“No, the needles aren’t big at all…they’ll be the same size or smaller than what you used before…”
A huge burden was lifted from my chest after hearing my doctor utter those words a few weeks ago. During the last 3 weeks of my first pregnancy I had to take insulin, but my fear of needles was so paralyzing that my husband (who also has a fear of shots) gave me my injections. I knew that going on insulin this pregnancy was probably inevitable , but since I had gone through it once, I was more at peace about it this time. Not happy, but at peace.
So, fast forward to my appointment a month ago when my doctor made the above statement…the peace wavered a bit, but still remained. From his office, I walked across the clinic to the pharmacy and I told myself to remain calm. I picked up the supplies I needed for the nurse training, headed over and waited to be called back. Once I got into a room, the nurse opened the brown paper bag, ripped a plastic bag open and poured a pile of syringes onto the table. SYRINGES. Syringes that had long, sharp needles. These were NOT the itty-bitty-self-injecting, pre-filled insulin pens I had used my first pregnancy. These were syringes and bottles of insulin that I had to fill myself…
I immediately froze in my chair and noticed (after what seemed like minutes but was probably only seconds) that I was sobbing uncontrollably. I couldn’t stop. Looking at me with what I can assume was pity on her face, the nurse said, “I’ll give you a few minutes to regain your composure…” and left the room, leaving the pile of syringes on the table. I stared at them, tried to control my sobbing, but failed. The nurse came back in and I pleaded with her to get me something different…anything different. “I’m sorry,” is all she said, “…this is what we use here.” She showed me how to fill the syringes with insulin in “only 4 easy steps!”
- Pull the syringe back and fill with a specific amount of air.
- Put the needle into the insulin bottle and pump the air in.
- Pull back syringe to fill with insulin.
- INJECT YOURSELF…
She then instructed me to try. I was so paralyzed by my fear that it took me a good minute or two to actually pick up the syringe a do it myself. I was robotic in the way I accomplished the task, but it was sufficient to pass the nurse’s test.
I then walked to my car and spent 15 minutes weeping on the steering wheel before I drove home. I spent the rest of the evening crying off and on. 10pm came too fast that night. I was able to give myself the injection, but only after staring at it for about 10 minutes. I went to bed pretty soon after that so I could sleep instead of crying. It eventually did get a little better…the next evening took about 5 minutes and by the end of that first week, I stared the needle down for only about a minute before being able to give myself my shot.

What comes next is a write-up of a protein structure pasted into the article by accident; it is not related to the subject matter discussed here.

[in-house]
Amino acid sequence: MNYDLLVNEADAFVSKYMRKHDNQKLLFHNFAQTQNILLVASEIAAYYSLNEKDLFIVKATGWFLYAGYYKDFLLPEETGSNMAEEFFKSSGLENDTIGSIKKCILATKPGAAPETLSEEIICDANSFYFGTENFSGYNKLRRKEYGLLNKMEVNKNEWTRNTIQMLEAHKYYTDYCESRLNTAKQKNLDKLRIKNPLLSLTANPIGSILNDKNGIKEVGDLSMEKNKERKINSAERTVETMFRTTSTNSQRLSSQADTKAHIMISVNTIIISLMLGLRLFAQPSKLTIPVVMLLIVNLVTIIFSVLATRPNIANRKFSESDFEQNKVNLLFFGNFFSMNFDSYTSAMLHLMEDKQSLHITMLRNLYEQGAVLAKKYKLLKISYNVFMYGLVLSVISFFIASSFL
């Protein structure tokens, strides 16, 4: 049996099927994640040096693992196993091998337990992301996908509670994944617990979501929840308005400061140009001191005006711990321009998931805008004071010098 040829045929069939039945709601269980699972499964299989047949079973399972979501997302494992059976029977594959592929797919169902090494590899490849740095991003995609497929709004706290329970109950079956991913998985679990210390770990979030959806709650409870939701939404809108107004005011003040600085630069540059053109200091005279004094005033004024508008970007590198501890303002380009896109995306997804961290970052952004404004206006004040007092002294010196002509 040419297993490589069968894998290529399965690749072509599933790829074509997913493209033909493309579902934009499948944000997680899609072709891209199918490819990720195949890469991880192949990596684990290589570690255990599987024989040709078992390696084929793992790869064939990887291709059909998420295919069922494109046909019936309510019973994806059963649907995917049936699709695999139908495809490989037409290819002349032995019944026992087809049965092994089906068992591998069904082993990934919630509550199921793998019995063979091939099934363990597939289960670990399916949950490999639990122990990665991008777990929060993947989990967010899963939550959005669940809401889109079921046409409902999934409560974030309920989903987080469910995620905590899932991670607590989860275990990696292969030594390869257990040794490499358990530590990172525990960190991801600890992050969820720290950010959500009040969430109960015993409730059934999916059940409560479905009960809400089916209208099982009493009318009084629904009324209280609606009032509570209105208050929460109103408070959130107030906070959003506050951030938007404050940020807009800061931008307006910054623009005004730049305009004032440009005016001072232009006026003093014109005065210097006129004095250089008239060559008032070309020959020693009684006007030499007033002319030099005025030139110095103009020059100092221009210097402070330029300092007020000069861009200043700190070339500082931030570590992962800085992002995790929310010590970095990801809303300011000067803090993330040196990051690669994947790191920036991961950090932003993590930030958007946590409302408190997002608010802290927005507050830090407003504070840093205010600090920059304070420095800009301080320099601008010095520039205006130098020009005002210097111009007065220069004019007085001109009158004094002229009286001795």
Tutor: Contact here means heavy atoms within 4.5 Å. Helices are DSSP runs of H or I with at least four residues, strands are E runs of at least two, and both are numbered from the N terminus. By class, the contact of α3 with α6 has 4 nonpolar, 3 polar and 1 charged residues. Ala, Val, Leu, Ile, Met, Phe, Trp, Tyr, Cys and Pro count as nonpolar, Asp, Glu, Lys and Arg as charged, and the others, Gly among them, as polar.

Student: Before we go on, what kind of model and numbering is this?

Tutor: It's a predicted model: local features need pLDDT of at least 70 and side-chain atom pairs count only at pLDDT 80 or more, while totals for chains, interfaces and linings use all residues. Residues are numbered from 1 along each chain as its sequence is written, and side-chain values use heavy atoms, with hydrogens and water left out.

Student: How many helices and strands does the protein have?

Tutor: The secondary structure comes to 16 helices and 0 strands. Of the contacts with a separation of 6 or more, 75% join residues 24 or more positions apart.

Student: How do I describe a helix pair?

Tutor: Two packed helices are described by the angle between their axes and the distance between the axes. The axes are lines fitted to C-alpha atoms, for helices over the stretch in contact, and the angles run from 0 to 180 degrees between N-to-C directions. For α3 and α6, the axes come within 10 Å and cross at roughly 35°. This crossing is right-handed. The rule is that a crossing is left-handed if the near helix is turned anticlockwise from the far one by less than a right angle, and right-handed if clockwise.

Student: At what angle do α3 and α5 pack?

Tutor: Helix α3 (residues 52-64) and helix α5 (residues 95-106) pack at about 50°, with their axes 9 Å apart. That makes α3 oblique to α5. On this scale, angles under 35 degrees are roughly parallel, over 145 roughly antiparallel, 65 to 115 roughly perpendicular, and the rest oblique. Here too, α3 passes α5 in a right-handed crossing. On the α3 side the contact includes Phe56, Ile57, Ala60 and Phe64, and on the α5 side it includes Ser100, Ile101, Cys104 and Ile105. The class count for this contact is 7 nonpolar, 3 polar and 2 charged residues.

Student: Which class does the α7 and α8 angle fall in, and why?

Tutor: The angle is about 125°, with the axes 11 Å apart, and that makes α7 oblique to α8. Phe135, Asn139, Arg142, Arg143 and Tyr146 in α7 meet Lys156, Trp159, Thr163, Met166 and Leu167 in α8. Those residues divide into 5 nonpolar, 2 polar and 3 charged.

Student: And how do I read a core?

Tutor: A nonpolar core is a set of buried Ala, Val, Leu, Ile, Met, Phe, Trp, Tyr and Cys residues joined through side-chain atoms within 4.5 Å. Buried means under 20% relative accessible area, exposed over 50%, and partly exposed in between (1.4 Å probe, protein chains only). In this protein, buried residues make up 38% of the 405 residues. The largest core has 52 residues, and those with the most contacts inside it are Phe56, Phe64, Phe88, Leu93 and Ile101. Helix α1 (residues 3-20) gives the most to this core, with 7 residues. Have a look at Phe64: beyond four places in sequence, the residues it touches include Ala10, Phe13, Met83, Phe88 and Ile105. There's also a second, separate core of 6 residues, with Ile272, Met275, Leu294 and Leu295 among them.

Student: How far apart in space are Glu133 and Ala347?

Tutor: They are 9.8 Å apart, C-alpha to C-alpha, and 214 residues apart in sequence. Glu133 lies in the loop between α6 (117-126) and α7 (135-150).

I’ve learned a very valuable lesson about myself this past month. I hear so many people talk about overcoming their fears, but I realized that sometimes all you need to do is learn how to push them aside in order to accomplish what needs to get done. That first evening, I prayed and prayed and asked “why me, why again, why like this?”. I then remembered 2 verses I’d read sometime in the past. The first one was “For God did not give you a spirit of fear, but of power, love, and self-discipline” (2 Timothy 1:7) and the second one, 1 Corinthians 10:13, says that God will not give you more than you can handle. I really held onto the self-disciple idea and the fact that I could handle this. I wrote the first verse on a sticky-note and put it on my bathroom mirror so I could read it every time I had to inject myself.
You see, sometimes pushing your fear aside is the best you can do-asking someone to overcome a fear is a big order. I don’t know if I’ll ever “get over” my fear of needles and shots. I hope that one day I can go in to my doctor, get a shot and walk out without any issue, but I don’t know if that will ever happen. For now, I’ve been able to push aside my fear for the sole purpose that I know it is for mine and Lore’s health that I give myself these shots. It’s not been easy, but every day and every moment my fear starts creeping back in and clouding my vision, I remember that I am and God is bigger than my fear and I push it aside once more, if only for the 2 minutes I need to fill my syringe and give myself a shot.
If you enjoyed this post, please share it with your friends on Facebook, Twitter, and all around the social media globe!